I approached this report with particular interest in the Panel’s recommendations on the use of technology. There are signs that Computer Aided Instruction for drill and practice—with the immediate feedback that it can provide—is useful. Regarding calculators, the Panel found the research to be inconclusive: “A review of 11 studies that met the Panel’s rigorous criteria (only one study less than 20 years old) found limited or no impact of calculators on calculation skills, problem solving, or conceptual development over periods of up to 1 year.” (p. 50) It is not clear that calculators either help or hurt. That should not be too surprising. I have seen technology used atrociously. I have also seen it used to great advantage, but recognize how much effort needs to go into using it effectively. Teasing out the influence of the technology from that of the teacher will always be difficult. The Panel restricts its recommendation with regard to calculators to the need for high-quality research. They did observe that many high school Algebra teachers are concerned by a lack of computational fluency among their students. While it did not rise to the level of an official recommendation, the Panel warned that use of calculators must not impede the development of computational fluency.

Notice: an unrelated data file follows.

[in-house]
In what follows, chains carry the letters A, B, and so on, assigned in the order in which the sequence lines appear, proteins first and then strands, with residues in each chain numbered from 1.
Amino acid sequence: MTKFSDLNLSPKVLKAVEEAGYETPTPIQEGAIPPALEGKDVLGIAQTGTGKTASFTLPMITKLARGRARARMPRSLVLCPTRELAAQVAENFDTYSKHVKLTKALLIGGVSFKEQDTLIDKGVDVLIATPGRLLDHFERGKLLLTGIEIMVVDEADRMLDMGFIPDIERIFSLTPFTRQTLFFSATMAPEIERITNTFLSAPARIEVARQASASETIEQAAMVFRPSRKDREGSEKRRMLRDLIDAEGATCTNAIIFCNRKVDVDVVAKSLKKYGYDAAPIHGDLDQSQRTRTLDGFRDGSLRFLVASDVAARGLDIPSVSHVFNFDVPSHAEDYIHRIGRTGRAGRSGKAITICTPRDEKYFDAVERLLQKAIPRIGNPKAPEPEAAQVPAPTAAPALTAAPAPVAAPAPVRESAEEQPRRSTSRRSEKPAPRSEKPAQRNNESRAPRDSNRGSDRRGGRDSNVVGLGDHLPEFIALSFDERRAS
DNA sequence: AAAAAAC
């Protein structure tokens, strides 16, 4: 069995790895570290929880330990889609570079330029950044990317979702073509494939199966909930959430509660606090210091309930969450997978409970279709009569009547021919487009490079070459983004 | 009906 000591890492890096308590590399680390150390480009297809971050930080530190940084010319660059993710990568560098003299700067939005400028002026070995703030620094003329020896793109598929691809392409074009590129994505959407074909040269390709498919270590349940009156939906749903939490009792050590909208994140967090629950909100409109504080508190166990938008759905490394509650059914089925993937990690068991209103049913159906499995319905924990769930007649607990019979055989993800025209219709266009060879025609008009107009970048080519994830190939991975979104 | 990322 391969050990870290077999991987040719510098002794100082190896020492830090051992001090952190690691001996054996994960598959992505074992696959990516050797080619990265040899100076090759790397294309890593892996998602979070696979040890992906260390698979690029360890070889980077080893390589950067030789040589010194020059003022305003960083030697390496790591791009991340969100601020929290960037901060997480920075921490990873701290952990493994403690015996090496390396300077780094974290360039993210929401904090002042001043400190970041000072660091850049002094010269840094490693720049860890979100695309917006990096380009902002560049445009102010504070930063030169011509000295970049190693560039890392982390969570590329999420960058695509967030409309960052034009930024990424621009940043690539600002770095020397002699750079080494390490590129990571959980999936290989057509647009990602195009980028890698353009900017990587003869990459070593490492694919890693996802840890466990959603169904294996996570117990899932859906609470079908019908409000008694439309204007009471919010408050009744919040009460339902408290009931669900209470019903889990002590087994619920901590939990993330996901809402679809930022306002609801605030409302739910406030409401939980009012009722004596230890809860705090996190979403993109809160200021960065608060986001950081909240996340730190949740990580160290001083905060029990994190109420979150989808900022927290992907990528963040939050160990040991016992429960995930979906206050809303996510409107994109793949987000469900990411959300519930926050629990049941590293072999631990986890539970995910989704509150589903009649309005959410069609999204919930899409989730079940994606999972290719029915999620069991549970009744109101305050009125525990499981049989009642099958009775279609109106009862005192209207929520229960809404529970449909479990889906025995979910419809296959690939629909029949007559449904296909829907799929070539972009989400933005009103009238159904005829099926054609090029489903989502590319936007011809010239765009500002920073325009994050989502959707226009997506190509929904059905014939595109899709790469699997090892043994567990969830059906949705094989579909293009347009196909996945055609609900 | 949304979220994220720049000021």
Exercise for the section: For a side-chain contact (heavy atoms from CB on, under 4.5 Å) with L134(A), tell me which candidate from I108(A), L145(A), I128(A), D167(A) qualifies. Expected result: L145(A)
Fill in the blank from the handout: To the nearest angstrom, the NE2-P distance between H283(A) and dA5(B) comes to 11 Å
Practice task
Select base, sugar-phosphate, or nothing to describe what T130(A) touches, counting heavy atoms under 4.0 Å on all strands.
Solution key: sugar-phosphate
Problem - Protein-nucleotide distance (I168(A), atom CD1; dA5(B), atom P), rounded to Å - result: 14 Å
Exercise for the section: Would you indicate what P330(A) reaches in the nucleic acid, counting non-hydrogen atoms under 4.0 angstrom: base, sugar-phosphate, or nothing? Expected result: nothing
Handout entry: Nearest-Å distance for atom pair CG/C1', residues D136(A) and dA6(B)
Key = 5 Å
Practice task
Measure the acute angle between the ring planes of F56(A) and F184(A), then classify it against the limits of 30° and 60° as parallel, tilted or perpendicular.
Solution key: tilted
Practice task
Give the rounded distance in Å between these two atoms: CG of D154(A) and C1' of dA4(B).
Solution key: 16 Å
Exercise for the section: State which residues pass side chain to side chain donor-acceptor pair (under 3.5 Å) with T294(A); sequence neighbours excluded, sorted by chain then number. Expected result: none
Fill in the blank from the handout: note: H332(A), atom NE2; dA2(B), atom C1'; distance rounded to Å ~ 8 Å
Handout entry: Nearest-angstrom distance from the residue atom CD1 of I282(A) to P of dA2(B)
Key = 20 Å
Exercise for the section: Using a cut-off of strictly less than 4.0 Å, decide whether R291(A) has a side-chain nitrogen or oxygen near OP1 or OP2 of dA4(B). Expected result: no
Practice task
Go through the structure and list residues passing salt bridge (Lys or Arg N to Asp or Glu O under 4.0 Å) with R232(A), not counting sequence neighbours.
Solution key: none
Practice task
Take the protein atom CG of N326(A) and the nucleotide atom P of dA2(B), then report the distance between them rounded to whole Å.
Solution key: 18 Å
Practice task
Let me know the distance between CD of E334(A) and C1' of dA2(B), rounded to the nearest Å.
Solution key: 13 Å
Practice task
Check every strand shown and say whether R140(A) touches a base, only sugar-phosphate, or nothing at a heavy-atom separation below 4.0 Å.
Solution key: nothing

In summary, I find this a reasonable and balanced report within the focus that it has chosen. I appreciate its emphasis on Algebra and agree that we need to streamline the topics introduced in preK-8 mathematics while enriching student understanding of and fluency with the basic competencies they will need if they are to succeed in the study of Algebra.